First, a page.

A true account of a ship’s Master staying with his ship until the very last moment

SS Flying Enterprise was a 6,711grt Type C1-B ship which sank in 1952. She was built in 1944 as SS Cape Kumukaki for the United States Maritime Commission for service in World War II. At the conclusion of hostilities, the ship was sold in 1947, and then operated in scheduled service under its new name Flying Enterprise, by Isbrandtsen Lines, mainly on the North Atlantic service. Isbrandtsen Lines, New York, was the leading US-flag shipping company from 1919 to 1977 operating between the U.S. east coast and the Mediterranean, offering both freighter and passenger ship services, until it became insolvent and declared bankrupt, when it was acquired by Farrell Lines of New York, in 1977.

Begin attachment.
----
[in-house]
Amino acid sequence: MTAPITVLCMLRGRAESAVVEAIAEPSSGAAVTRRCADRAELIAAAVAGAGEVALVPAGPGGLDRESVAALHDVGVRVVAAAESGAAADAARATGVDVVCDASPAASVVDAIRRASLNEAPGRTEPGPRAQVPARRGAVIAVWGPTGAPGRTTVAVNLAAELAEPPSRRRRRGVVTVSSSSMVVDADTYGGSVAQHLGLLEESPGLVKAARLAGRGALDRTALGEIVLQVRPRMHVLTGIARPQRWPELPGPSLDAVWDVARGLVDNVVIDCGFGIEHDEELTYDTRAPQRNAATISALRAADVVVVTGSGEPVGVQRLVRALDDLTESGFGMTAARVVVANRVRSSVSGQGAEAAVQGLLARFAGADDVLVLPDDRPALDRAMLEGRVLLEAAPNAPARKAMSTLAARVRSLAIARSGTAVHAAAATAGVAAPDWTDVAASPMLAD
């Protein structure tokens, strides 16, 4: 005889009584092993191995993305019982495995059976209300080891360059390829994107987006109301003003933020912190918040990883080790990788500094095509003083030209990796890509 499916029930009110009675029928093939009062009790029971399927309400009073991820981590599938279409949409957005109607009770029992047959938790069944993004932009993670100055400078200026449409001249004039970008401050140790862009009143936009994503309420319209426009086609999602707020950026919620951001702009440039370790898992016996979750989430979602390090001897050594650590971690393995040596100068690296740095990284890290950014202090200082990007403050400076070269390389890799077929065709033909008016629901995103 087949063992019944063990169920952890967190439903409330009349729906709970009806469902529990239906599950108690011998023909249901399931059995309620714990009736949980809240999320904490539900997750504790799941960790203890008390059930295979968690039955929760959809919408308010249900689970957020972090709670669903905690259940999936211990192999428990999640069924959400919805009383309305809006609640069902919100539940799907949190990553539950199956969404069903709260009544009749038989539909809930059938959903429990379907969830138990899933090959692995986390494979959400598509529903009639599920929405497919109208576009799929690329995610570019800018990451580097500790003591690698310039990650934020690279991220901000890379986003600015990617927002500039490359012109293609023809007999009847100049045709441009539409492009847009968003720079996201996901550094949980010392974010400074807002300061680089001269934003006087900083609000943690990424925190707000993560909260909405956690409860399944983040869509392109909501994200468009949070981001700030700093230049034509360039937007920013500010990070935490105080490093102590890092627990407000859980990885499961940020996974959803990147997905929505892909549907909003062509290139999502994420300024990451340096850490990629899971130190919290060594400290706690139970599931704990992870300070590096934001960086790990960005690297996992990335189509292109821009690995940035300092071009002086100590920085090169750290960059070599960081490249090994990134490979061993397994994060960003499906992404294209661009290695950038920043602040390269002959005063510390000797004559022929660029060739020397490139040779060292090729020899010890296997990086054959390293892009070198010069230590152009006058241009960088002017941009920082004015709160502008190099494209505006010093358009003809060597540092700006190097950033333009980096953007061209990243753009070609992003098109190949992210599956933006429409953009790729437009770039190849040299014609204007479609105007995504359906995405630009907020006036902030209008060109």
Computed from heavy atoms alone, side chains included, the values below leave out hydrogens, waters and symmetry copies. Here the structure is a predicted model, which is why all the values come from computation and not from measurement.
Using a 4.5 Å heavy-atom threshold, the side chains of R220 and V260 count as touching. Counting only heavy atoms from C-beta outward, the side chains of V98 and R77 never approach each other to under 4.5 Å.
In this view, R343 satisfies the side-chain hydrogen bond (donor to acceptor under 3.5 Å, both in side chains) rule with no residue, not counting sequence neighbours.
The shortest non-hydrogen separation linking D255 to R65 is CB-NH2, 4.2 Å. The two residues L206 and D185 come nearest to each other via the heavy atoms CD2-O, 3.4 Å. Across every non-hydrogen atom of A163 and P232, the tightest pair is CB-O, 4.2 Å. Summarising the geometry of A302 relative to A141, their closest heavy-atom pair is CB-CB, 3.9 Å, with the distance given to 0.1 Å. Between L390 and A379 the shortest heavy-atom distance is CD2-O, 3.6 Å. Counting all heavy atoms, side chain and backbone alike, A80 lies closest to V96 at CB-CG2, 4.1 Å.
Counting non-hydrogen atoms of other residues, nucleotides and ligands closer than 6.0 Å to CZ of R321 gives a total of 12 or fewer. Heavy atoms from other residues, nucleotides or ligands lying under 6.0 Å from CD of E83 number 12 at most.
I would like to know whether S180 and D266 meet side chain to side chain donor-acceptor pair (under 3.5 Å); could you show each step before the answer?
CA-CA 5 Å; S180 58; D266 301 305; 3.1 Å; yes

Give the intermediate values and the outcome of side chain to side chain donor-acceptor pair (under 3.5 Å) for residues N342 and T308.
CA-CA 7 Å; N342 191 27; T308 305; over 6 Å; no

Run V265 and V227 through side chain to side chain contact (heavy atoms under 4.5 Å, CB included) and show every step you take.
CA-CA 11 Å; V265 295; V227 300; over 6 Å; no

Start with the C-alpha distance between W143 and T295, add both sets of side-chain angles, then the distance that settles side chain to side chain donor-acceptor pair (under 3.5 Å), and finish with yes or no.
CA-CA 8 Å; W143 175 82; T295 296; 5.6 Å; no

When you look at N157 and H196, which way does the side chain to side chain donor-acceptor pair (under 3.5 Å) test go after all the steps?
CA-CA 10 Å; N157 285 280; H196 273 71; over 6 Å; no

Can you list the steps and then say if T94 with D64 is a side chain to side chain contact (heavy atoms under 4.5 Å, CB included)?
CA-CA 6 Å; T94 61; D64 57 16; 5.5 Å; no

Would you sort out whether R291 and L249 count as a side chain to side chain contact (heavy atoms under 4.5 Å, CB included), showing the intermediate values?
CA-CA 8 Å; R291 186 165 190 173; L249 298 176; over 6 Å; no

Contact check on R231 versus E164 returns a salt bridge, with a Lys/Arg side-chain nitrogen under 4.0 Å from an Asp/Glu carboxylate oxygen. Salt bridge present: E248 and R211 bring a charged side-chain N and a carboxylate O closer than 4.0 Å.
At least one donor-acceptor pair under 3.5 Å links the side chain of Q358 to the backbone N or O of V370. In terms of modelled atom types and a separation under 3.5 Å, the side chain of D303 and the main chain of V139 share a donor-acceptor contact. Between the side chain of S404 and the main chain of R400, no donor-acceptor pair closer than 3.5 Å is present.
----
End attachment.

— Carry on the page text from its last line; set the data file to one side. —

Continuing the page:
On 21st December 1951, under the command of Henrik Kurt Carlsen, she left Hamburg, Germany bound for the USA. Among her cargo was 1,290 tons of pig iron and 494 tons of coffee, 454 tons of rags, 39 40 tons of peat moss, twelve Volkswagen cars, antiques and antique musical instruments, typewriters, 454 tons of naphthalene as well as ten passengers.


Four days later, on Christmas night, she encountered a storm in the Western Approaches to the English Channel. The stow of pig iron in the cargo holds shifted and collapsed causing the ship to list heavily to port. At some point the motor vehicles also broke loose causing the ship to increase its list even more. The ship’s hull and deck plating cracked just aft of the superstructure. This was a known problem with ships of this design during this era, hence the crew could do little and attempted to continue their voyage. The lifeboats on the Flying Enterprise were either lost or inoperable, due to the heavy list and rough seas.

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A true account of a ship’s Master staying with his ship until the very last moment

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